We are not able to announce the outcome of the Warrior Capability Sustainment Programme competition today. Following an assessment of the tenders from BAe Systems Global Combat Systems and Lockheed Martin UK Ampthill, we intend to invite the competitors to revise and confirm their bids. Further announcements will be made in due course.
I am, however, pleased to announce that on 19 March we reached agreement with the US Government to purchase three Rivet Joint aircraft and associated ground systems delivering vital capability for the Royal Air Force to replace the Nimrod R1 capability that will be retired from service in March 2011.
The Rivet Joint system was selected following an extensive assessment phase that considered a number of possible solutions. Rivet Joint was selected as it is the only viable option that meets the requirements of our Armed Forces.
Publication of the report of the Bloody Sunday inquiry has been long-awaited and it promises to be a hugely significant event in Northern Ireland's history. But this is also an occasion that will have an enormous impact on the private lives of ordinary people. I am determined to ensure that arrangements for publication are fair and reasonable, and at all times, I intend to act reasonably in recognition of the interests of the families, soldiers and others involved in the inquiry, and of my obligations to Parliament.
I am responsible for publication of the tribunal's report, once it is delivered to me. I am advised that I have a duty, as a public authority under the Human Rights Act, to act in a way that is compatible with the European Convention on Human Rights (ECHR). To fulfil this duty, I need to take steps to satisfy myself that publication of the report will not breach Article 2 of the convention by putting the lives or safety of individuals at risk. I am advised that these obligations must be met by me personally, in my capacity as Secretary of State for Northern Ireland. Although the inquiry is also a public authority under the Human Rights Act, I am not entitled to rely on the inquiry to satisfy my Article 2 obligations and I have a duty to assess this myself. I also have a duty to satisfy myself that publication will not put national security at risk, for example by disclosing details of sources of confidential information.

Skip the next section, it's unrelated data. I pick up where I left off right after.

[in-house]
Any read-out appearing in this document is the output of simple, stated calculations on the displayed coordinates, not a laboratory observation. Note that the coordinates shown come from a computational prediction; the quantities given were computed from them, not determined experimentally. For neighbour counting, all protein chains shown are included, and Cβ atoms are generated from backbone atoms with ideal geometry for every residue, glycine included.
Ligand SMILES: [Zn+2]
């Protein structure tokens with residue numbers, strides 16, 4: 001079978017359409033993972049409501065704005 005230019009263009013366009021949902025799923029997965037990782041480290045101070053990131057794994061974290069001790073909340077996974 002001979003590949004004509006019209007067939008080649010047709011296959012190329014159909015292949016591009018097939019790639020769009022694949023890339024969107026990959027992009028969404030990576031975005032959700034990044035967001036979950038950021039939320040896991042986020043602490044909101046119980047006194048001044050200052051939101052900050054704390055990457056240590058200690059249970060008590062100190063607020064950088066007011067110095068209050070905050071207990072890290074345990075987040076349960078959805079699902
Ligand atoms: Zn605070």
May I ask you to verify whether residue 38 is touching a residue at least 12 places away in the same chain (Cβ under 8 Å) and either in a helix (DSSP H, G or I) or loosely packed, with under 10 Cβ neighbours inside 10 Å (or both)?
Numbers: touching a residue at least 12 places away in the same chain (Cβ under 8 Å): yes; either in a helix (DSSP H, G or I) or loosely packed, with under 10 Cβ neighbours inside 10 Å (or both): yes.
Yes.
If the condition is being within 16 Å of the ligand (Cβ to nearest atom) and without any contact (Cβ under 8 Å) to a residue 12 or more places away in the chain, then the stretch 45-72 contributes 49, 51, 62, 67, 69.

During the course of the inquiry, the Government submitted to the tribunal some material that was relevant to its work but which was too sensitive to be disclosed publicly, usually because it contained information which had been provided to the security forces by individuals. If these individuals could be identified from the details they provided it would endanger their lives. This was explained to the tribunal in public interest immunity certificates signed by Ministers, which the tribunal accepted. I understand that the tribunal does not intend to refer to any material covered by public interest immunity certificates, but I have a duty to satisfy myself before publication that none of this material has inadvertently been revealed in the report. The tribunal also agreed that the identities of a small number of individuals who were engaged on highly sensitive duties should not be disclosed and I need to be assured that these individuals have not been identified.